The International Union for Conservation of Nature (IUCN) recognizes a total of 87 cetacean species - 15 are ranked as “Critically Endangered”, “Endangered” or “Vulnerable”, and 45 ranked “Data Deficient”. The overall conservation status of cetaceans and their environment is being monitored, but why do they need conserving?
Killer Whales, Orcinus Orca, are a species of dolphin unfortunately most famous for being the main attraction at certain sea parks, such as Sea World...
I would definitely recommend this project for the first time you travel by yourself. I am 16 years old and used this experience as my work placement and it was very suitable for this cause.
We base our understanding of animal intelligence on human intelligence. But what is intelligence? Could a species be superior to humans?
The quest to discover what this fruit is?! Anyone know?
Phew – what a week! There were whales, dolphins, warm weather (you may laugh, it is always sunny, but it has been warmer than usual), meeting new organisations… and that was only the first half! After this, we had a big event on Friday – all around the sea!
When you sign up on Monday to participate in an event four days later, you need to brainstorm, focus, and prepare everything in record time. This is why we found ourselves late Thursday night creating making whale fin memory games and drawing sea animals on playing cards, writing instructions both in Spanish and English and making origami whales.
Conecta Con El Azul was set up by the Marina in Las Galletas as an event all around sea life and how to protect it. The programme said there were activities all throughout the day and talks and workshops in the evening, so we were asked to provide some activities for children. (Age? No idea. We didn’t know much about what to expect from the day.)
It was only during the morning briefing on the day of the event we finally found out there were school groups coming who would be given talks about marine animals and how to treat them respectfully and do activities and games all around the environment: from recycling Twister, to Environment Roulette, playing our games around whales, growing plants, making turtles out of recycled material… oh and of course seeing turtles being released into the sea! In the evening there would be talks, a bird watching walk and other activities for adults.
The main event was organised by the foundation rehabilitating turtles on the island. They had two sea turtles ready to release and we all watched as they made their way to the sea with hundreds of students and the odd tourist clapping and cheering whenever a wave came close enough to drag the turtle into the water.
At the end of the day it seemed almost every pupil who came had gotten a tattoo from Iva. Our stand was almost reduced to the face painting, except more arms were painted than faces. From dolphins to squids to orcas and sea monkeys – everyone got a marine animal (or two, or three!) to take home. Let’s just say it was quite a success!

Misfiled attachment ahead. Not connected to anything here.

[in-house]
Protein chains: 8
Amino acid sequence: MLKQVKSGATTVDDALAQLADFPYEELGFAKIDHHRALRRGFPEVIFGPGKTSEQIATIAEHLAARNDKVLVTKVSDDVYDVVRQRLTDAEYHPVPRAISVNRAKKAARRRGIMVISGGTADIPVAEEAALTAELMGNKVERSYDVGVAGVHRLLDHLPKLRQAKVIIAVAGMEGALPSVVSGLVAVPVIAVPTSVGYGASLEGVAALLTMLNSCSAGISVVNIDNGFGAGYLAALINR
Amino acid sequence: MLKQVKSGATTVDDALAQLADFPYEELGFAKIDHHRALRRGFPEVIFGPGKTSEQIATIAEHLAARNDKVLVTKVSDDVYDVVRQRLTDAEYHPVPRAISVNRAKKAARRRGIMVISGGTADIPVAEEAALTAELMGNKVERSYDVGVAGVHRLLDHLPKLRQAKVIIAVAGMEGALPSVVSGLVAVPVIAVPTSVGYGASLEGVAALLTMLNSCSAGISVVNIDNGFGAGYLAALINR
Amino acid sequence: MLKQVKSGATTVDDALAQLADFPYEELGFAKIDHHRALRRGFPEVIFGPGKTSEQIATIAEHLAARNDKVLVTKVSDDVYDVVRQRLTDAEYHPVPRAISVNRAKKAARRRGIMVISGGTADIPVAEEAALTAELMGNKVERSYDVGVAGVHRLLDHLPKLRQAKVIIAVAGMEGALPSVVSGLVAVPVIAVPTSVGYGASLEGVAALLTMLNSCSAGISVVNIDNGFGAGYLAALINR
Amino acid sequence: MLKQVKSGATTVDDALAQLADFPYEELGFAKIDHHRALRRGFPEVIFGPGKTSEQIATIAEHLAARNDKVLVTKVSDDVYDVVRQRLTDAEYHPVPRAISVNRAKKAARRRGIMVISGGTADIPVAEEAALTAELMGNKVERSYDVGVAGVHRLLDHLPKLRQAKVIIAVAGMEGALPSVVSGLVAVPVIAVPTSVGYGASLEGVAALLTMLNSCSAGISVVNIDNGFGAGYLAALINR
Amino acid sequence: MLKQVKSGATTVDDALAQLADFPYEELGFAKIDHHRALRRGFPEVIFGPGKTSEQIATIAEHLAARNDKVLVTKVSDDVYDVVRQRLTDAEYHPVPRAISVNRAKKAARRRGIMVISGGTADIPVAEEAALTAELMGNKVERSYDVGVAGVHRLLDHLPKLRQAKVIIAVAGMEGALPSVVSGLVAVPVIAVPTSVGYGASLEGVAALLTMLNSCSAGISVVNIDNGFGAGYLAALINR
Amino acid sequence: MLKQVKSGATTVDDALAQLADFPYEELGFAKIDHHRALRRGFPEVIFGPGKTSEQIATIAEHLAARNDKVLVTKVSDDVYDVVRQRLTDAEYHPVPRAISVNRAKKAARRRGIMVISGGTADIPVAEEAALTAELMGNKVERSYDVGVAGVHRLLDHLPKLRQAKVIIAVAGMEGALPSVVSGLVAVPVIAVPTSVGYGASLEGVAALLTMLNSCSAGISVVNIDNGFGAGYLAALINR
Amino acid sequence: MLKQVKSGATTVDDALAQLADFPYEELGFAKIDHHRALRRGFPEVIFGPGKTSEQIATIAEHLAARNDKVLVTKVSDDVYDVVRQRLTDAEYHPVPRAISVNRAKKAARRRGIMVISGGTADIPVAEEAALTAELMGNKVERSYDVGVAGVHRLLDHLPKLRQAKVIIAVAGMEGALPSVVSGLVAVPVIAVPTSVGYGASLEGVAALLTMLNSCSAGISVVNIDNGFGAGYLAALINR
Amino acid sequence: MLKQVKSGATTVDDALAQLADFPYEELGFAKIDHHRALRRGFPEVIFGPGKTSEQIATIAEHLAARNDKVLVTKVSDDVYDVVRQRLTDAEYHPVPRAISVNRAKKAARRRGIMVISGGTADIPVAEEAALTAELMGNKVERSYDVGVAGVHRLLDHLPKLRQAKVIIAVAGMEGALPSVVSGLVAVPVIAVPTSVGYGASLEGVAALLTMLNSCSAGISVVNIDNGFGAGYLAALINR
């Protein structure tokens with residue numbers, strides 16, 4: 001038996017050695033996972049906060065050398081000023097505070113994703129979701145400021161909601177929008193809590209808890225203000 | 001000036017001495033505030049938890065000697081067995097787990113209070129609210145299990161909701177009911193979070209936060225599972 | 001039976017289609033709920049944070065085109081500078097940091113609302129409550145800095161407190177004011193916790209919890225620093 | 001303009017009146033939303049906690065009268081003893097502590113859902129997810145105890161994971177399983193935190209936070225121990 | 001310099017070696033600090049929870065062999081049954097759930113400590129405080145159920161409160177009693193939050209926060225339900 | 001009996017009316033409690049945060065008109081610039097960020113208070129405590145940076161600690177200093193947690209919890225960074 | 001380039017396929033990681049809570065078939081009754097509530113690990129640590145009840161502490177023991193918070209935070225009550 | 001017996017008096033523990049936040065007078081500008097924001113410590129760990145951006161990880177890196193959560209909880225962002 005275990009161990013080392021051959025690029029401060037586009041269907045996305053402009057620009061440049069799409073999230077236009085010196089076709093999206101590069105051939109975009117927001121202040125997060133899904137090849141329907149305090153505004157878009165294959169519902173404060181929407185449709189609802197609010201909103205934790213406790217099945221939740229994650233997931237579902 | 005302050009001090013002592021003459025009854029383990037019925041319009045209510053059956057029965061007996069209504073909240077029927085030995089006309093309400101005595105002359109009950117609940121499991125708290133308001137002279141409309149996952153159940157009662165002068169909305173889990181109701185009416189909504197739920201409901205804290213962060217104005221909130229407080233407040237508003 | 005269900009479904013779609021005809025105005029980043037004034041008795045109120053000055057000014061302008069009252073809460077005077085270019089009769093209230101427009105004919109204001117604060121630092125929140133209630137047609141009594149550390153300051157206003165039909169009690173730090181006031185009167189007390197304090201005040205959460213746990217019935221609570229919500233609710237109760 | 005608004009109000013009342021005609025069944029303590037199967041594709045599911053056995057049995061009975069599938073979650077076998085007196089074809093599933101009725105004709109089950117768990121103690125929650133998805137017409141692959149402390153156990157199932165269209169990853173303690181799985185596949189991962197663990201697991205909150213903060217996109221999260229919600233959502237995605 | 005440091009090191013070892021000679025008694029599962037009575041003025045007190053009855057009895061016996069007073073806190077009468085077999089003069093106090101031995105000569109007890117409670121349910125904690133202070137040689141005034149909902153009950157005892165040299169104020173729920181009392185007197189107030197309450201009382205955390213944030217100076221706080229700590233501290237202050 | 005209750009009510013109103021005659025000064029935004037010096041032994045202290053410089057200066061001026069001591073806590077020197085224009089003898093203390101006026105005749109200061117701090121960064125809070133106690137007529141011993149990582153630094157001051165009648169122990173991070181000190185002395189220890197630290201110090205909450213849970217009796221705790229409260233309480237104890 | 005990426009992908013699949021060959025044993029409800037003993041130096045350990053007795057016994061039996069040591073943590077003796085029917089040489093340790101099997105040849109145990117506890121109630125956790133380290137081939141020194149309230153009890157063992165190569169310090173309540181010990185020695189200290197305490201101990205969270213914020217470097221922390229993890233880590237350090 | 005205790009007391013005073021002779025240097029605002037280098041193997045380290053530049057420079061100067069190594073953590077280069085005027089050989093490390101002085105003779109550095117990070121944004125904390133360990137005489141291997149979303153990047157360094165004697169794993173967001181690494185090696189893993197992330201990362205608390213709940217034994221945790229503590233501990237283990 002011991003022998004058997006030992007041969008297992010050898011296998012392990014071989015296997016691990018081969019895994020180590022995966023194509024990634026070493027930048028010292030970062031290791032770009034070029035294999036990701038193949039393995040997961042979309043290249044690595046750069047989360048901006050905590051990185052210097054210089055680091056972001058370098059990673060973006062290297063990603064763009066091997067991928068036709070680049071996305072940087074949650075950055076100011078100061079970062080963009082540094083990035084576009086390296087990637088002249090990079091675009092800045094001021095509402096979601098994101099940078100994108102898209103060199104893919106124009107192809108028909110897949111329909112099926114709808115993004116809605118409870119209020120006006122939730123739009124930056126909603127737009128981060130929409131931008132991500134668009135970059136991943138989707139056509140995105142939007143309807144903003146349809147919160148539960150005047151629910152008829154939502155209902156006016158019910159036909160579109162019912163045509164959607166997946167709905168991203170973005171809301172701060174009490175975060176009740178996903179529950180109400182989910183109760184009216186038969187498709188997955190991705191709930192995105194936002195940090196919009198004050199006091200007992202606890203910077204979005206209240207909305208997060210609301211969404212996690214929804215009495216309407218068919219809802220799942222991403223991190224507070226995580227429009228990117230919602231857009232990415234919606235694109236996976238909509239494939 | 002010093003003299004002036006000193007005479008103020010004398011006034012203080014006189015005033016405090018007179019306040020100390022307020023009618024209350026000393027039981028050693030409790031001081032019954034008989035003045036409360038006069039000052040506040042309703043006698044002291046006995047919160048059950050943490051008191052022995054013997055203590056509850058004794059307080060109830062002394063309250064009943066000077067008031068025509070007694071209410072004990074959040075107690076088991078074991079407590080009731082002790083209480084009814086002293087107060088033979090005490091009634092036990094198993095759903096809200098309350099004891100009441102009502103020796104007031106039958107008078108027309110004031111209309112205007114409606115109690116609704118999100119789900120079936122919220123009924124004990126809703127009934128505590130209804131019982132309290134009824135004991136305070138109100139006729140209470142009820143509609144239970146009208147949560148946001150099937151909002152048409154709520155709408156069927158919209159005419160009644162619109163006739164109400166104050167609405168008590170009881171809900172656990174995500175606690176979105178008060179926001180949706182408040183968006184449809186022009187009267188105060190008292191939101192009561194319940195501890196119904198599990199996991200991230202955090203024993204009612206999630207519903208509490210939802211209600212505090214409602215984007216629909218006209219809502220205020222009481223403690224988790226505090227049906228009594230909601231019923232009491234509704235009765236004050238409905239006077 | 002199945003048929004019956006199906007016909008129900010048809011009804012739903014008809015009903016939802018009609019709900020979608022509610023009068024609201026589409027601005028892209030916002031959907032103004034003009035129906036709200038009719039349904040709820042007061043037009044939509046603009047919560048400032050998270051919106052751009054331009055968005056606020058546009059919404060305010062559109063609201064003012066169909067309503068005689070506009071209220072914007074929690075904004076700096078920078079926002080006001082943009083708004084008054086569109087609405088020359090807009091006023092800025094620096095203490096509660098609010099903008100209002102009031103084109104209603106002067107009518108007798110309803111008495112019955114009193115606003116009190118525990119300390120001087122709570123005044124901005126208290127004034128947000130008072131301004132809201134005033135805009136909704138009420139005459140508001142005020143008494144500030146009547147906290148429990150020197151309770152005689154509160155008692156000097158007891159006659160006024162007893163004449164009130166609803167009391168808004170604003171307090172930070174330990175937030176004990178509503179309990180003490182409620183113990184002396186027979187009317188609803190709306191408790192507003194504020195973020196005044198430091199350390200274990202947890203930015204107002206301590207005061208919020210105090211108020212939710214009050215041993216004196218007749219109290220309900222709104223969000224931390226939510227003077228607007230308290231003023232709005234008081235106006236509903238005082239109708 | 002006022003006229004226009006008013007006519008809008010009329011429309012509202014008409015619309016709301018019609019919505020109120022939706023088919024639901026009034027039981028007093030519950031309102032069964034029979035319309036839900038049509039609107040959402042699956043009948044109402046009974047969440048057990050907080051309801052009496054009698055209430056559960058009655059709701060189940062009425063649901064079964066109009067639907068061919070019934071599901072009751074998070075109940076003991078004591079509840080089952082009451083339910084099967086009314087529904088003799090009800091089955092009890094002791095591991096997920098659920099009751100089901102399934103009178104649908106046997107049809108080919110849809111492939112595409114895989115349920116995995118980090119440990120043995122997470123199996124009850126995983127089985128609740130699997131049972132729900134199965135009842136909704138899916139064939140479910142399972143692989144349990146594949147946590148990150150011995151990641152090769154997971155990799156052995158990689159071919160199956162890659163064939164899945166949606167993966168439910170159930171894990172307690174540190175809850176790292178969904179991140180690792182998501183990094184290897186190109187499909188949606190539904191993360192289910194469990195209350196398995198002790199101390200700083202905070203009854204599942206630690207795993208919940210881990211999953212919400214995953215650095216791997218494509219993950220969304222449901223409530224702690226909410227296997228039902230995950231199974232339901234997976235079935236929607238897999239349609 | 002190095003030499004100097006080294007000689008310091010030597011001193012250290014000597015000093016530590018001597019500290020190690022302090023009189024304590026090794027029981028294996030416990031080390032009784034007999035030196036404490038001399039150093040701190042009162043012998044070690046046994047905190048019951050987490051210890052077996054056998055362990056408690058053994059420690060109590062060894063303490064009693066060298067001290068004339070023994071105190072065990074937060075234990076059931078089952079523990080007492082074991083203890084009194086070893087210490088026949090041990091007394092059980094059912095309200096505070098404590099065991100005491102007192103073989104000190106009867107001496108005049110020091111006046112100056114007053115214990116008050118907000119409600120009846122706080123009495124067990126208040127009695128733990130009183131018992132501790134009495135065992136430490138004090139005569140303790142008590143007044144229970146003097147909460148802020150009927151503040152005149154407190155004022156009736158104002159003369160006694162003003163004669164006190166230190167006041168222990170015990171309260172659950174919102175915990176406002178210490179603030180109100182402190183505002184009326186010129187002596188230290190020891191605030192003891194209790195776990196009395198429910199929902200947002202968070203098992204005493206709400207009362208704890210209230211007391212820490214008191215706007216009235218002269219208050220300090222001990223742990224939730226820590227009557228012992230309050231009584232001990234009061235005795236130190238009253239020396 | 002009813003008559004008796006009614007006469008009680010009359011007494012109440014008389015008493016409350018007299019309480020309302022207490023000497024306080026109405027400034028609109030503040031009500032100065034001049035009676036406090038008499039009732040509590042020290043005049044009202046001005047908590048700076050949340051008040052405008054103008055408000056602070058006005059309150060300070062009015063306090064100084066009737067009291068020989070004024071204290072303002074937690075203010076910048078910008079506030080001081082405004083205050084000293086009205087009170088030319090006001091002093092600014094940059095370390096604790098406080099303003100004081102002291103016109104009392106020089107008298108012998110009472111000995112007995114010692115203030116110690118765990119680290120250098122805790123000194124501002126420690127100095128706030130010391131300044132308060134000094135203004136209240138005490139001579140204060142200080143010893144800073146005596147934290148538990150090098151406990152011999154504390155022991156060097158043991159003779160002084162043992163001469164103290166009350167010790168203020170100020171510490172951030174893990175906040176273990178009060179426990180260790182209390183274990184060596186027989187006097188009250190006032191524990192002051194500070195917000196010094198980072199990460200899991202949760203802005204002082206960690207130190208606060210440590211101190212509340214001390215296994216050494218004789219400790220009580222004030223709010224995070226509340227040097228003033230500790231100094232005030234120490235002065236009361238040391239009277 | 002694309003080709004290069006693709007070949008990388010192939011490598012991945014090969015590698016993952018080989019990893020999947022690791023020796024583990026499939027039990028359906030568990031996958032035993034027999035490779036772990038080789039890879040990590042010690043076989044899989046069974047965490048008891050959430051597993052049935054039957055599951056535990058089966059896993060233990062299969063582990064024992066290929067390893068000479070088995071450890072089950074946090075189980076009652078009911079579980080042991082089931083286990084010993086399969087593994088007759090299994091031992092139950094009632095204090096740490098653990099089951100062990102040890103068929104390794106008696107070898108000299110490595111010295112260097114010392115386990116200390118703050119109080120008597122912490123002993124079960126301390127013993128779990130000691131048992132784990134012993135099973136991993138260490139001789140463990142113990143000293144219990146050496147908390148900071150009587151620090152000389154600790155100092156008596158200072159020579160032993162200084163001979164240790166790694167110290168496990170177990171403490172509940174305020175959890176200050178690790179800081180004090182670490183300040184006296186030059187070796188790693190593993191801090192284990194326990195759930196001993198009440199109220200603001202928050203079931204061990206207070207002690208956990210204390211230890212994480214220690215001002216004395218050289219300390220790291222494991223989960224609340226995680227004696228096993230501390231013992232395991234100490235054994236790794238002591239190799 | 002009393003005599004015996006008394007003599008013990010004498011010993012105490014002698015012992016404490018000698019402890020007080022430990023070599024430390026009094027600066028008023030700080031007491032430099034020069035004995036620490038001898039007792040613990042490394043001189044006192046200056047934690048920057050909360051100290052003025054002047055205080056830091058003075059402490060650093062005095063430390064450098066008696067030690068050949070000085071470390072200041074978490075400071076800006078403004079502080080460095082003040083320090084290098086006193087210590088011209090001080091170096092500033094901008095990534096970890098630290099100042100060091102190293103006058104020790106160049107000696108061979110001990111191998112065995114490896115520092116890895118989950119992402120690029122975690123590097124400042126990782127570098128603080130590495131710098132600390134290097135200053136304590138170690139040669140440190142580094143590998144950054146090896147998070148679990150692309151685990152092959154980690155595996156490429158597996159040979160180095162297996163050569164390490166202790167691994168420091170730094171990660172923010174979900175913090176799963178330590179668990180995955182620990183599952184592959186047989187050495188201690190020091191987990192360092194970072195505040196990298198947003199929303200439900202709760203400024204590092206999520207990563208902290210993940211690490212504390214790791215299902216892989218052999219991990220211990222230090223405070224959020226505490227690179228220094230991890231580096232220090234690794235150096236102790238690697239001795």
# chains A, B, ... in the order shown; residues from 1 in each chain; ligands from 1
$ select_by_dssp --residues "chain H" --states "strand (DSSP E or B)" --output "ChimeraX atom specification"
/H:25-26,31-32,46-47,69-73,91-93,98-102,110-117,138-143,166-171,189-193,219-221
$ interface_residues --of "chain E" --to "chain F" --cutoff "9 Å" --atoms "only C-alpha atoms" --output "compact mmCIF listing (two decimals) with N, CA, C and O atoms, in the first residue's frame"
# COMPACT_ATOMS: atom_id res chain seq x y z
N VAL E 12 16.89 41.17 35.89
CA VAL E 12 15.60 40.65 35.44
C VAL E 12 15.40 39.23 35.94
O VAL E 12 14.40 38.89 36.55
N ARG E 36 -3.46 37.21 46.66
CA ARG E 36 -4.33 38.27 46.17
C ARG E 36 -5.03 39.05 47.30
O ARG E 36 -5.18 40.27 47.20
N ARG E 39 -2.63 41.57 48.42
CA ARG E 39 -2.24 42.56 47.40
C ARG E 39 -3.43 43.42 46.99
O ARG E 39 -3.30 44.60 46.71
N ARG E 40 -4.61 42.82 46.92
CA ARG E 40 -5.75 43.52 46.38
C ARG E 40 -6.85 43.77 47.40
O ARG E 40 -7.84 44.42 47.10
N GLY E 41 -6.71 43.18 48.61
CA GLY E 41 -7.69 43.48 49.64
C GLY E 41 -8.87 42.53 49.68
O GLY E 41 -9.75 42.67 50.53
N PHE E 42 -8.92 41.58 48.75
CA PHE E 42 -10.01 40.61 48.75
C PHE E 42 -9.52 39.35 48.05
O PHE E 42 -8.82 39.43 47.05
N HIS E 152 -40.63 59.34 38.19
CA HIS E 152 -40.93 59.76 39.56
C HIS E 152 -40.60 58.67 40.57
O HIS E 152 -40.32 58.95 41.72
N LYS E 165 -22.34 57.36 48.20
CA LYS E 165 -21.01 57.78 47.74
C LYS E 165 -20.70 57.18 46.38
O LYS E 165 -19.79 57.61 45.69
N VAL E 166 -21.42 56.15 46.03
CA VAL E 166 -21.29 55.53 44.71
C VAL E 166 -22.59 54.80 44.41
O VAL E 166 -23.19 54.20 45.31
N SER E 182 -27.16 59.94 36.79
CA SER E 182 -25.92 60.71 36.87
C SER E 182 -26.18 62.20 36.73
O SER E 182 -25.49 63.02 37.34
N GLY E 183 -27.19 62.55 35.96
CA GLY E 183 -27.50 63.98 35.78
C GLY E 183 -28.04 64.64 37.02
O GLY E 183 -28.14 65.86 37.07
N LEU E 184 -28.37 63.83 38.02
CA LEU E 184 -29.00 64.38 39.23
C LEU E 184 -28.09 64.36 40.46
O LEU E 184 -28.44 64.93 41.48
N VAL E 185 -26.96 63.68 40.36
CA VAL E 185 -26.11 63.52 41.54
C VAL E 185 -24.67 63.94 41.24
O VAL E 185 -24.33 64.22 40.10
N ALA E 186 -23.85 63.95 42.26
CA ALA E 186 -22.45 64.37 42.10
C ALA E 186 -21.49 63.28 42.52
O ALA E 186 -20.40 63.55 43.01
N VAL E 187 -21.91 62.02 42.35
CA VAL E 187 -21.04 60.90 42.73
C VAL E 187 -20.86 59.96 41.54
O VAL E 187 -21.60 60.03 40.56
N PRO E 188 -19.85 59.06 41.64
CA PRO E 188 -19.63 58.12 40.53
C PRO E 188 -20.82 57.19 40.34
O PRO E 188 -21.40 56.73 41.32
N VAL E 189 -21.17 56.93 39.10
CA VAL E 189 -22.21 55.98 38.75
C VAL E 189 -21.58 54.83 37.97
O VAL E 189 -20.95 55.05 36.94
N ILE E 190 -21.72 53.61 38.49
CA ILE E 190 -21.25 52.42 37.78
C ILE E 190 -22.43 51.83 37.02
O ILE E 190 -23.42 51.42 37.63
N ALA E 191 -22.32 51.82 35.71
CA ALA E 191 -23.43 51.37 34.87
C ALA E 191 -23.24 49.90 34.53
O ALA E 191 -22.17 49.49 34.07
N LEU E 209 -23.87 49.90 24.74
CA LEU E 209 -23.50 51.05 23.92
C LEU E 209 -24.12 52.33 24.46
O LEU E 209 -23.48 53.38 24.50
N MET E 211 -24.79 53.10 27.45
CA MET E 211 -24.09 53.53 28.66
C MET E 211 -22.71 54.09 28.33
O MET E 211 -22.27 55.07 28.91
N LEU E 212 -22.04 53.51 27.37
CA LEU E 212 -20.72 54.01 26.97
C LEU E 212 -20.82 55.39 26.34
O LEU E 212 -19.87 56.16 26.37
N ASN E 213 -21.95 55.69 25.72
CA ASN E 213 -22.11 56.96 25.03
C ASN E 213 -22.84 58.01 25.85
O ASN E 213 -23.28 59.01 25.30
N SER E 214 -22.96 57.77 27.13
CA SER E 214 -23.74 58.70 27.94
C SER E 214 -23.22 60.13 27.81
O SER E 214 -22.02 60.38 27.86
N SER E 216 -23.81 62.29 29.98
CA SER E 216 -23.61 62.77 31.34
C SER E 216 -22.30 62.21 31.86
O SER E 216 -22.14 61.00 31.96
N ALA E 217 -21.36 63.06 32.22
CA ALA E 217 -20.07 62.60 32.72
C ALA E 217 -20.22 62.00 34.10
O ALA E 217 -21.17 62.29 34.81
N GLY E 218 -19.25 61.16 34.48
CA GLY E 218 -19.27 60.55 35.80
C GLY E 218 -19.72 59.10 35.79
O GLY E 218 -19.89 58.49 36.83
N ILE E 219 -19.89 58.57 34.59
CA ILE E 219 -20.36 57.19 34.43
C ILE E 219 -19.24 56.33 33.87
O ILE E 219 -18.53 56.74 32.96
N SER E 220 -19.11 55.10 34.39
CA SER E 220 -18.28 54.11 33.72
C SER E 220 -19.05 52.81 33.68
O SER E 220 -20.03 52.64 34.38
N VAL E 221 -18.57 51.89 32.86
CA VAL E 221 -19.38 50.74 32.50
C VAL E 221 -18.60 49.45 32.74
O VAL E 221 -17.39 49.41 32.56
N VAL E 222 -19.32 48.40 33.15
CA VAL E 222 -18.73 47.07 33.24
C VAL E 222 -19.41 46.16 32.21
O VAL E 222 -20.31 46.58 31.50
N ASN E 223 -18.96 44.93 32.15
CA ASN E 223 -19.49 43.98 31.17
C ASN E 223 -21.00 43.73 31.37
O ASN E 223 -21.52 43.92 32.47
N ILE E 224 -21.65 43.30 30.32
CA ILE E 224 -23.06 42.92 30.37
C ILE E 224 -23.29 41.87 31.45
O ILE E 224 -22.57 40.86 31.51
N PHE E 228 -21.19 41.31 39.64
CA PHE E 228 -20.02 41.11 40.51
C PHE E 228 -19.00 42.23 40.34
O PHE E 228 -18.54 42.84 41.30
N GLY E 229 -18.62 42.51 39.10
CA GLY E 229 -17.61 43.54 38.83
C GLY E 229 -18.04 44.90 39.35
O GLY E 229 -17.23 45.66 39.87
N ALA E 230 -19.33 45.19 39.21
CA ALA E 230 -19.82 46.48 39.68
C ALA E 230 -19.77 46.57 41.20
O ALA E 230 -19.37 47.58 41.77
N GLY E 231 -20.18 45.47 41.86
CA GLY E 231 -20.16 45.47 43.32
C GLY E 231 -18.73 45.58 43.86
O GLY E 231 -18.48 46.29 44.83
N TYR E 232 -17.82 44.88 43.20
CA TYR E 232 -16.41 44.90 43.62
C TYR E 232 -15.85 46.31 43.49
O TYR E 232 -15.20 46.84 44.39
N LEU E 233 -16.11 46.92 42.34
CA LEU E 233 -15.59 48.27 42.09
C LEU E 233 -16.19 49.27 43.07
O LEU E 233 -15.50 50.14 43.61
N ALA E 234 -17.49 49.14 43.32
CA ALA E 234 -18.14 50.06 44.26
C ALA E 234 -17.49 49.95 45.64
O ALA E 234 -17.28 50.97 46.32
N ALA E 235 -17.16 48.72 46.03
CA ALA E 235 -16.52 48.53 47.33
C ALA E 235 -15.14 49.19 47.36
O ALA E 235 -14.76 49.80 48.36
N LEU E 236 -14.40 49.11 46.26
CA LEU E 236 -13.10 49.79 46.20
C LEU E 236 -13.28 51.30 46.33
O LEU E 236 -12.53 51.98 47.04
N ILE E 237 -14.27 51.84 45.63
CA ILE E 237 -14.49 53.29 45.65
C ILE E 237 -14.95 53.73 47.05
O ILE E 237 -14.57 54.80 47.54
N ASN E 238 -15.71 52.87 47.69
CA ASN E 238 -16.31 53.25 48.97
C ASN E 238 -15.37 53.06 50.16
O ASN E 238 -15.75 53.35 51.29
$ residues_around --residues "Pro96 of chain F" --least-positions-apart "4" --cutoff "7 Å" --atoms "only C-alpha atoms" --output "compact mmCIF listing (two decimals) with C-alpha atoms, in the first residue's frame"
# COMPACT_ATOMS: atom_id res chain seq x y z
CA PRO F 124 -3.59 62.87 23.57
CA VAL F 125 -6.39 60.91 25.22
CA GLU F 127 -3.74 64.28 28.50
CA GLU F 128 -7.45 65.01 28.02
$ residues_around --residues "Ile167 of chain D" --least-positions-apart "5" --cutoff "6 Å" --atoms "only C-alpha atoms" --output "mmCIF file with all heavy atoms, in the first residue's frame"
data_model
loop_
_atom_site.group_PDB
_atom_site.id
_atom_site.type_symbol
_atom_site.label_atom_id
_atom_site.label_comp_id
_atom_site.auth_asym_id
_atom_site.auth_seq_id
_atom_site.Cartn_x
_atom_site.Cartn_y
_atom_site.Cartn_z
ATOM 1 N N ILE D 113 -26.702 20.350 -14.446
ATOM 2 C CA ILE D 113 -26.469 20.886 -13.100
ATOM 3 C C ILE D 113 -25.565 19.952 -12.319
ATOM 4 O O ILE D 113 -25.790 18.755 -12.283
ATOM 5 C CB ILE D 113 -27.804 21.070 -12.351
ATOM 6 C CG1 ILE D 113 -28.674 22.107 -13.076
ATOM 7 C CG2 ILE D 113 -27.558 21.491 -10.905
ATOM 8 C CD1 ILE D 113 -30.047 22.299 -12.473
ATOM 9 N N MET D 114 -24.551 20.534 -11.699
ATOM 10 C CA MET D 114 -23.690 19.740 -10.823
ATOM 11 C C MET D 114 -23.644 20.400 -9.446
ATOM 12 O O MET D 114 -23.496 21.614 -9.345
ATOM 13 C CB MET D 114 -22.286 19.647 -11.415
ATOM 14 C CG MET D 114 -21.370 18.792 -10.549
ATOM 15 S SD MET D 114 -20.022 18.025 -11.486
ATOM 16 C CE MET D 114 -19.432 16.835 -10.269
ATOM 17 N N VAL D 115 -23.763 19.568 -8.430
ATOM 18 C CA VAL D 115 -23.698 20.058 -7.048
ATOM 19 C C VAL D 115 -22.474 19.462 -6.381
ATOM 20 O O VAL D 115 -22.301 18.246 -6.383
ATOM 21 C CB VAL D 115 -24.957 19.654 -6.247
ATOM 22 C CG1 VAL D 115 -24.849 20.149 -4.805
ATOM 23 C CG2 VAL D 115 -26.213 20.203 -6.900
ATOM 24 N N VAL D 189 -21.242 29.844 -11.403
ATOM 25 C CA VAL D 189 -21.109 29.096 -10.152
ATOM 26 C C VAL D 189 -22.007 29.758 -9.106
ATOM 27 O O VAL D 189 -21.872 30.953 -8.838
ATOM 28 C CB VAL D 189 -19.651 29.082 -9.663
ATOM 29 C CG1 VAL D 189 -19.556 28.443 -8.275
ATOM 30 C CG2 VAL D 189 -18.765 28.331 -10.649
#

By Claire Herbaux - Field Communications Officer
This week long project is by far one of the best things I have ever done. The feeling I got when I saw the dorsal fin of a whale rise from the ocean for the first time was indescribable, and one that I recommend everyone to experience themselves.
When travelling to any unfamiliar country, preparation is key; the importance of it should be any traveller’s primary concern. Frontier provide an abundance of valuable information in regards to preparing for your exhibition, and from personal experience I highly recommend referring to these documents carefully before the commencement of your trip! The main objective of this project is to collect data and take photos of various cetaceans for identification purposes, therefore one of the primary pieces of equipment you are encouraged to bring is a digital camera, as you will need your own camera in order to efficiently photograph the cetaceans. I, like many people I’m sure, do not own my own camera; therefore I borrowed a friend’s camera for the week. I would recommend doing something similar as it is a vital piece of equipment and by bringing one, as your phone just won’t do and it will ensure you have the best possible experience throughout your project.
You will be walking a lot during your time in Tenerife, as the accommodation is quite a distance from the harbour where you will be boarding the whale watching boats, therefore appropriate, comfortable footwear should be brought! On occasion you may have the opportunity to go to the beach after your time on a whale watching boat, therefore I recommend bringing sandals and a pair of walking shoes with you on your days out of the volunteer house.
During the days on the whale watching boats you will obviously not be back home until late afternoon or evening. And you will leave early in the morning, so you may be away from your possessions for up 8 hours. With this in mind, a durable bag or rucksack is another vital piece of equipment. I mistakenly did not bring a bag or rucksack with me, so on the first day on the whale watching boat I was carrying my possessions in a plastic supermarket bag, which was not ideal! Not only did this make my travels around the island a lot more difficult, there was also the risk that my items could have been damaged or misplaced when walking or on the boats. I bought a bag on my second day on the island however and this made my travels and experiences a lot more enjoyable. Also, learning a few basic Spanish words would help you greatly when conversing with the locals!
If you are thinking about applying for this project, all I have to say is go for it. I cannot recommend it highly enough. Personally I have learnt a vast amount of valuable information about cetaceans and the methods researchers use to study them, and I know you will to.
By James Boyd, Research Assistant
Welcome to this four part series about cetaceans! Cetaceans include whales, dolphins and porpoise and their conservation is the main focus of our project here in Tenerife. But why do we humans love cetaceans so much? How do cetaceans interact with their environment? Why have cetaceans been given rights as non-human persons? Why do cetaceans need protecting? Find out everything in our four part Cetacean series!